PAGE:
Martínez-Díaz S. and Kober V. (2008).

Robust Pattern Recognition with Nonlinear Filters.

In Proceedings of the 8th International Workshop on Pattern Recognition in Information Systems, pages 223-230

Copyright

c

SciTePress

the proposed filters is compared with that of linear composite filters. The paper is

organized as follows: Section 2 provides a review of composite linear filters. Section

3 introduces the proposed filters. In section 4 we provide computer simulation results.

Section 5 summarizes our conclusions.

2 Linear Composite Filters

Composite filters are usually used for distortion-invariant pattern recognition. In this

case a set of training images that are sufficiently descriptive and representative of

expected distortions can be employed to improve the recognition.

2.1 SDF filter

Conventional SDF filters are a linear combination of MSFs for different patterns. The

coefficients of the linear combination are chosen to satisfy a set of constraints on the

filter output requiring a prespecified value for each pattern used.

Suppose there are N training images from a true class, each image contains d pix-

els. We convert the 2D arrays of the images into the 1D column vector by lexico-

graphical ordering. These vectors are the columns of a matrix R of size d×N. The

column vector u contains N elements, which are the desired values of the output cor-

relation peaks corresponding to each training image. If the matrix (R

+

R) is nonsingu-

lar, the conventional SDF filter can be expressed as follows [3]:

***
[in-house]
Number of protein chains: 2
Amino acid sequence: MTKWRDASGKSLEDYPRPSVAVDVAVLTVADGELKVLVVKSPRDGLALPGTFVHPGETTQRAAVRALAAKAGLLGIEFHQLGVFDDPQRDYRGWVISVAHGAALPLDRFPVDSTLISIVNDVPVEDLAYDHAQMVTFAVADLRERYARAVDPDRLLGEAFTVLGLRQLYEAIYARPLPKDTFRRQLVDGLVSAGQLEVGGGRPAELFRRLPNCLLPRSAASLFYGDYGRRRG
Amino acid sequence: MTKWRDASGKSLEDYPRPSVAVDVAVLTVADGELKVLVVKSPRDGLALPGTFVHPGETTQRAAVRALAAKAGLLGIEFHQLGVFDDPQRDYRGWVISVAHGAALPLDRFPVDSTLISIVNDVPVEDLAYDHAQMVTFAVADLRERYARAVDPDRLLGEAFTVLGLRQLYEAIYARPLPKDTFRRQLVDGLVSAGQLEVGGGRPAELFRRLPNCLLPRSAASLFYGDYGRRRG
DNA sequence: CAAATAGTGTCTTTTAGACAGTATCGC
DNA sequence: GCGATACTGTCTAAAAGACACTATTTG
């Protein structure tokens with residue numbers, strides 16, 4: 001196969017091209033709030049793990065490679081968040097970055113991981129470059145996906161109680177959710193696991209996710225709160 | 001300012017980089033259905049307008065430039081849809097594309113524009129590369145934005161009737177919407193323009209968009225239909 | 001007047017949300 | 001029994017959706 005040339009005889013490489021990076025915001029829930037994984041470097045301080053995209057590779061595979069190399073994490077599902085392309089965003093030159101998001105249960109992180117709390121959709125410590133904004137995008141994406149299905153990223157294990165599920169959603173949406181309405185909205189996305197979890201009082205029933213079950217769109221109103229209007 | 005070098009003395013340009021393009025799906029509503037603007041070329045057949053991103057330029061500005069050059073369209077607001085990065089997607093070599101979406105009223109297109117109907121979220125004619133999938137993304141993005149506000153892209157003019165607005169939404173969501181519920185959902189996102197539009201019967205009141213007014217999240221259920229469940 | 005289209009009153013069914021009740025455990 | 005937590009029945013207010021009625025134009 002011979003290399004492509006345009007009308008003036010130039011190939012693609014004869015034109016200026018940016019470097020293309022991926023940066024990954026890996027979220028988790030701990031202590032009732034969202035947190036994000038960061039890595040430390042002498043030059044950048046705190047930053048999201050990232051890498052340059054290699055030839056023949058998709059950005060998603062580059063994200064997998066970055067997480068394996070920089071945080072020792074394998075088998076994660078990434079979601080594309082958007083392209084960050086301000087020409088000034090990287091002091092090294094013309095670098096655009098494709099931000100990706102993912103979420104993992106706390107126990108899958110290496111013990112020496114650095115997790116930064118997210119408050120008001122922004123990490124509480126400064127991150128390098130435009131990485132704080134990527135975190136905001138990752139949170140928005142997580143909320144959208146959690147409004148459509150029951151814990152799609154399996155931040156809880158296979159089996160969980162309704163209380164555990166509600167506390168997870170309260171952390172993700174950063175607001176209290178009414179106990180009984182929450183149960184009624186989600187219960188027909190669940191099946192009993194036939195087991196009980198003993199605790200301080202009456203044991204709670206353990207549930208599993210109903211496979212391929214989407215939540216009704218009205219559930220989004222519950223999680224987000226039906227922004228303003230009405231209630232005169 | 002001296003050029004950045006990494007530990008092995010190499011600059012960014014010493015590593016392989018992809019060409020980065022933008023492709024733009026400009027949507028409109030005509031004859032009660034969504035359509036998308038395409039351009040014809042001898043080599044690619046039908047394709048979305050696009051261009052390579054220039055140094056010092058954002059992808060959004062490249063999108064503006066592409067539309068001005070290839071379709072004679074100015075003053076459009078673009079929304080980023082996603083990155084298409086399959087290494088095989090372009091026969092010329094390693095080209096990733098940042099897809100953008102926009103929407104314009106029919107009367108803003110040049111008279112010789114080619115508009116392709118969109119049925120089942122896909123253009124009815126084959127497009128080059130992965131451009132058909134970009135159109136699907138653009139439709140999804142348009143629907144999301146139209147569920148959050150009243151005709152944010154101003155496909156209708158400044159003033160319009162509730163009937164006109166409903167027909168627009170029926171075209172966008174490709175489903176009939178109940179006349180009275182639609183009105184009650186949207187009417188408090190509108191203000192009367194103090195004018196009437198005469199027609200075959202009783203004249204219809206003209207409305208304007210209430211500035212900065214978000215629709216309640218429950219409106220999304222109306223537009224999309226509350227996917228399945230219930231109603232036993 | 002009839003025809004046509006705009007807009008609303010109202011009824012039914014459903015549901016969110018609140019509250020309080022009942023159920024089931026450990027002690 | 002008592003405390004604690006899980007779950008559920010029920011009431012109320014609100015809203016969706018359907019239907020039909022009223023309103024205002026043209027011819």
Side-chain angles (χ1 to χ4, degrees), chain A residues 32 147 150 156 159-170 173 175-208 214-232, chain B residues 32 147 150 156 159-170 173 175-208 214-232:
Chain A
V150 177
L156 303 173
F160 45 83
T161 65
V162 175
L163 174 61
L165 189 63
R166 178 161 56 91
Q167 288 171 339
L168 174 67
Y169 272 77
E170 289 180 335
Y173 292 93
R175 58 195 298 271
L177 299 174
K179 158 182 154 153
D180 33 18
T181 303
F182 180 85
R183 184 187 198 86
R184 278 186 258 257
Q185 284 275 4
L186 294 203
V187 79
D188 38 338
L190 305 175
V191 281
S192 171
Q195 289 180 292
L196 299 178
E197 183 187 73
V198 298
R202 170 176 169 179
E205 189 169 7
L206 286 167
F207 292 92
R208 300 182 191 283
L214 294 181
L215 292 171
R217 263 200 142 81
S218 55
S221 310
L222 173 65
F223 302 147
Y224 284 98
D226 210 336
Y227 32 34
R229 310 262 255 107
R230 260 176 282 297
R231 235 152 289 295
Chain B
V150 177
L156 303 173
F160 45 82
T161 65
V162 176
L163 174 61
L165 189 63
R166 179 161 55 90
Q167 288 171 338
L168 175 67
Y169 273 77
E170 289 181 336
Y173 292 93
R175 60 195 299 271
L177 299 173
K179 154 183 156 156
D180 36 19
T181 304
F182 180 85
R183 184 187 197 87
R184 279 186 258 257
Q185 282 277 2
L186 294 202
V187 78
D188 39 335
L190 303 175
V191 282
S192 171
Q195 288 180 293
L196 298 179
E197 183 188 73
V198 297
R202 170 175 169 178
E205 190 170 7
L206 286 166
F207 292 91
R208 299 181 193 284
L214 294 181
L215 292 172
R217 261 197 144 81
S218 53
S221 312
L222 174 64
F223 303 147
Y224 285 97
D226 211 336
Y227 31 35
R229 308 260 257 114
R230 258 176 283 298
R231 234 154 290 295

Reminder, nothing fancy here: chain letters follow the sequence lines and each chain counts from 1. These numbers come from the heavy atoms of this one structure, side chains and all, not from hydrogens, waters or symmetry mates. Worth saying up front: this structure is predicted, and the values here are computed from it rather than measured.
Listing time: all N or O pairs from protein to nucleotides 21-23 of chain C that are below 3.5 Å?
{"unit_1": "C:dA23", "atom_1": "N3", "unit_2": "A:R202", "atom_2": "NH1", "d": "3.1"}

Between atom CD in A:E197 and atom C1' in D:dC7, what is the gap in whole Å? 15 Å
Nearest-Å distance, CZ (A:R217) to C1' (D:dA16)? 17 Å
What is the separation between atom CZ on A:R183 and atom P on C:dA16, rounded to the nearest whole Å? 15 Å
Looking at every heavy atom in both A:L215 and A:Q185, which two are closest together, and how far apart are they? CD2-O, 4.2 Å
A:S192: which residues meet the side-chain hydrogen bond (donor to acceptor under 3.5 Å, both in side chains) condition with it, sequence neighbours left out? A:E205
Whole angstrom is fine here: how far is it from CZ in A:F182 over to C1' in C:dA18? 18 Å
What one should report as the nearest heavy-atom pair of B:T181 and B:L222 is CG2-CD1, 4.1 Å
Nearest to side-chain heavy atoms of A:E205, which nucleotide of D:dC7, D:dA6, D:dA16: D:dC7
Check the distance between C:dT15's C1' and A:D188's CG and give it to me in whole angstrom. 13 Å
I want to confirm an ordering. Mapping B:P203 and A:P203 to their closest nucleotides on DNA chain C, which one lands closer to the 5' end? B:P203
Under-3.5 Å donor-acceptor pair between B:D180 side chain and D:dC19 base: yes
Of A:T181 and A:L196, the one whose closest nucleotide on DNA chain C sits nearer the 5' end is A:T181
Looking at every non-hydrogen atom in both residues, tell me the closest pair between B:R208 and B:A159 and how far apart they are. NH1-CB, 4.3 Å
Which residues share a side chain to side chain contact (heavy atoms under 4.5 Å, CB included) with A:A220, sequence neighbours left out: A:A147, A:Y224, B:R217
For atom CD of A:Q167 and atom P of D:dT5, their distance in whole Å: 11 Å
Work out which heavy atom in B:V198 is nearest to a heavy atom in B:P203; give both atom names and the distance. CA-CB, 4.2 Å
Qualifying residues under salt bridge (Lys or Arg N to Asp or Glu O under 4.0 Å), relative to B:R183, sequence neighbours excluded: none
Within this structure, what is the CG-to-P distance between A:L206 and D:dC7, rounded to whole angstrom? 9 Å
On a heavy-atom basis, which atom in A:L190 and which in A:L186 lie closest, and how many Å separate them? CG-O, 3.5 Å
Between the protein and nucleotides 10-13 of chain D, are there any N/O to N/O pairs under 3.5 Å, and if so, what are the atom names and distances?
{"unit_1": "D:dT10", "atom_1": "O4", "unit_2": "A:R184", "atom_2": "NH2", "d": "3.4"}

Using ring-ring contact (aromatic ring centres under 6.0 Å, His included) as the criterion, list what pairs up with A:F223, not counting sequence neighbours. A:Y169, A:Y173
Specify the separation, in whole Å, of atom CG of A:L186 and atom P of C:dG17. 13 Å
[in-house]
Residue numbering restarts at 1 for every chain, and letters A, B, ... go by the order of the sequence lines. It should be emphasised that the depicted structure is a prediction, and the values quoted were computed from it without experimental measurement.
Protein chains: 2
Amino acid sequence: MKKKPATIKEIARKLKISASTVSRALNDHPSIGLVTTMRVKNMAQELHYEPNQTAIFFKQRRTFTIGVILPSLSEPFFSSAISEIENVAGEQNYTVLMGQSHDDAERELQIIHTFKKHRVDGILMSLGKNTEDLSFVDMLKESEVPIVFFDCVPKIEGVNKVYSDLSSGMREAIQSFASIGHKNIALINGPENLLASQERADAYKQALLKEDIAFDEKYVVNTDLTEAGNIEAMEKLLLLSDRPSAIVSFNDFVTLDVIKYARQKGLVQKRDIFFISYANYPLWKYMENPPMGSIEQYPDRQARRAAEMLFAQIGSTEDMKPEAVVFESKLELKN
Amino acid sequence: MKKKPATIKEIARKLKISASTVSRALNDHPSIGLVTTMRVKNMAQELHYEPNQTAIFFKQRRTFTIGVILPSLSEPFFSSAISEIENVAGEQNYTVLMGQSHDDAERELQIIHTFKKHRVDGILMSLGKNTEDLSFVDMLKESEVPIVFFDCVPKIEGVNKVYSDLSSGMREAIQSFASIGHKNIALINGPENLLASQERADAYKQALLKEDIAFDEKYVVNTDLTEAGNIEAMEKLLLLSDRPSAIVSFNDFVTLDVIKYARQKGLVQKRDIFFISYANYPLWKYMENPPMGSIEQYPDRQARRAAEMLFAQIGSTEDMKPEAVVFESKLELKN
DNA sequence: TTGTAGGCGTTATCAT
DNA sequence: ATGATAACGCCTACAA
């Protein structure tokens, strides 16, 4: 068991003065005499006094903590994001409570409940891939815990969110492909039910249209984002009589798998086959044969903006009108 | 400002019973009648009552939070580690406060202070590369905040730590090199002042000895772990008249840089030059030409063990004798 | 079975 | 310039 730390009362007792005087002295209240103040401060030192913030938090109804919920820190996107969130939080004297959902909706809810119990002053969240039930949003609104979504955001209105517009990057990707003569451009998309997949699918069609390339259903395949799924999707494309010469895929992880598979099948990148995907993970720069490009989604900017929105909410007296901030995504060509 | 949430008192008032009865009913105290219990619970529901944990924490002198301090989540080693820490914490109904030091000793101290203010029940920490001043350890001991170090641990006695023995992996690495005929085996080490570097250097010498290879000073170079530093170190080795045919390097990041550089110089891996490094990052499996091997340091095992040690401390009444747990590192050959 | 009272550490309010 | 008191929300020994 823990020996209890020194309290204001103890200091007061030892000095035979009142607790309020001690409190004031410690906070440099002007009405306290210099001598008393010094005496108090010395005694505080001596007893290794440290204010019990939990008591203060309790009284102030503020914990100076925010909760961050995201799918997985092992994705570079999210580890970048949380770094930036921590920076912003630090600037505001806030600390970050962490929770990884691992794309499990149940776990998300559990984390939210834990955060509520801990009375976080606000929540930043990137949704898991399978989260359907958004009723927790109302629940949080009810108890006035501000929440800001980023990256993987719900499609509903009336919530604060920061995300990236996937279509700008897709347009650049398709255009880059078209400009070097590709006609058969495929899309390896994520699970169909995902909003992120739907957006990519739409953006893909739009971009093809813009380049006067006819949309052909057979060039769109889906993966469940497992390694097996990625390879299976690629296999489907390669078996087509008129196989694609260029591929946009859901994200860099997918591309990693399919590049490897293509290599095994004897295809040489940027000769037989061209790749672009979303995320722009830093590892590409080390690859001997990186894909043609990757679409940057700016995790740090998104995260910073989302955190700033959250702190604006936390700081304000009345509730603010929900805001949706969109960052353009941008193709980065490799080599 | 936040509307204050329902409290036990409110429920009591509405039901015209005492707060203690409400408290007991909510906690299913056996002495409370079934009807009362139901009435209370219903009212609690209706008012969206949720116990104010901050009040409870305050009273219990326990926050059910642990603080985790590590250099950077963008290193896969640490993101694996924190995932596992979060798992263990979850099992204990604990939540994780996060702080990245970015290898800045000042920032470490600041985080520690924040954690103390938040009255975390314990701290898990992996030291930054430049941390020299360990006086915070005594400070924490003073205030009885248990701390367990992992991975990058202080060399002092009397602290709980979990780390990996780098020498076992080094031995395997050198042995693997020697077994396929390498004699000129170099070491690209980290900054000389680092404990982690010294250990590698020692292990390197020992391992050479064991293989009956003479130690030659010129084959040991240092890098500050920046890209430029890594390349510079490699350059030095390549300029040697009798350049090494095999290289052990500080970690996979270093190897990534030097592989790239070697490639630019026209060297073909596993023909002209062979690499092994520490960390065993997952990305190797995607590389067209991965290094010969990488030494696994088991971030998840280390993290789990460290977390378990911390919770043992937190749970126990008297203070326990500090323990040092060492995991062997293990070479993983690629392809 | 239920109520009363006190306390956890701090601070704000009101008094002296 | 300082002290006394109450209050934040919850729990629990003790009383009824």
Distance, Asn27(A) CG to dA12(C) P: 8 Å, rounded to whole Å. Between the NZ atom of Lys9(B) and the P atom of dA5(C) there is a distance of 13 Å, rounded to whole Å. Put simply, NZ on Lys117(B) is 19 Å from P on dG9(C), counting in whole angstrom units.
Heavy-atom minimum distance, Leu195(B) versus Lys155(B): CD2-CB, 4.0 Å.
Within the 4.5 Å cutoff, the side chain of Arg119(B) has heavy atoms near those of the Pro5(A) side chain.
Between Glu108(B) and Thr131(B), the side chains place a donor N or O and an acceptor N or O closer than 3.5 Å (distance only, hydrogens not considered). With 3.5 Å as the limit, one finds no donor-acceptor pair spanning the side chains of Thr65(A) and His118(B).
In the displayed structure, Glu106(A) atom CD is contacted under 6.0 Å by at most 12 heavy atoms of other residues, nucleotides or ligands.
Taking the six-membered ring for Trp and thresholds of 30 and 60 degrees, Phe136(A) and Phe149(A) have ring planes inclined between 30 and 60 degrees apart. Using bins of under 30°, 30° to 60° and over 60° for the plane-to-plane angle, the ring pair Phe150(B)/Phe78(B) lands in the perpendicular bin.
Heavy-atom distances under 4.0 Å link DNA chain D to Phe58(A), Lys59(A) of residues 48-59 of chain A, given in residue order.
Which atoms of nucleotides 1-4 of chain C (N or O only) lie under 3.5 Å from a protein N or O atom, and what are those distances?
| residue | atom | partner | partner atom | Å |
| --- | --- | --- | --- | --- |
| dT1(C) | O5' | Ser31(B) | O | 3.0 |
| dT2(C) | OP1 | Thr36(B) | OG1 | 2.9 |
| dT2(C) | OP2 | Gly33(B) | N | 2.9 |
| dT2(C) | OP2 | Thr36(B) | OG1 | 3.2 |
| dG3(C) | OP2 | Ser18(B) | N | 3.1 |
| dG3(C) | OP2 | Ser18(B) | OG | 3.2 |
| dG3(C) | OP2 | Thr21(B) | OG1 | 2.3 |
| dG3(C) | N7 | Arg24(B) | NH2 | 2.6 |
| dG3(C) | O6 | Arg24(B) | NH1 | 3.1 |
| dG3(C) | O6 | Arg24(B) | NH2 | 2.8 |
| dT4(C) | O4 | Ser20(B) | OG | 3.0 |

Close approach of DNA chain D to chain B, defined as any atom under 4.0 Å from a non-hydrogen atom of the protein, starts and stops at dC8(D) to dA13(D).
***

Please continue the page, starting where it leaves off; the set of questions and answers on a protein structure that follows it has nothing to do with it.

hRRRu

SDF

+−

=

1

() ,

(1)

here superscript + means conjugate transpose. The main shortcoming of the linear

SDF filters is appearance of sidelobes owing to the lack of control over the whole

correlation plane.

2.2 MACE filter

In order to suppress false correlation peaks, the MACE filter minimizes the average

correlation energy of the correlation outputs for a set of training images, satisfying at

the same time the correlation peak constraints at the origin. Suppose that there are N

training images, each image with d pixels. First, the 2D Fourier transform is per-

formed on each training image and converted into 1D column vector. Then, a matrix

X with N columns and d rows is constructed. The columns of X are given by the

vector version of each transformed image. The frequency response of the MACE

filter can be expressed as [4]

-1 + -1 -1

hDX(XDX)u

MACE

=

,

(2)

where the column vector u contains desired correlation peak values of the training

images and the

dxd diagonal matrix D contains the average power spectrum of the

training images.

224

3 Nonlinear Composite Filters

We wish to design a nonlinear composite filter, which is invariant to illumination,

robust to noise, cluttered background, and false objects. The proposed filtering is a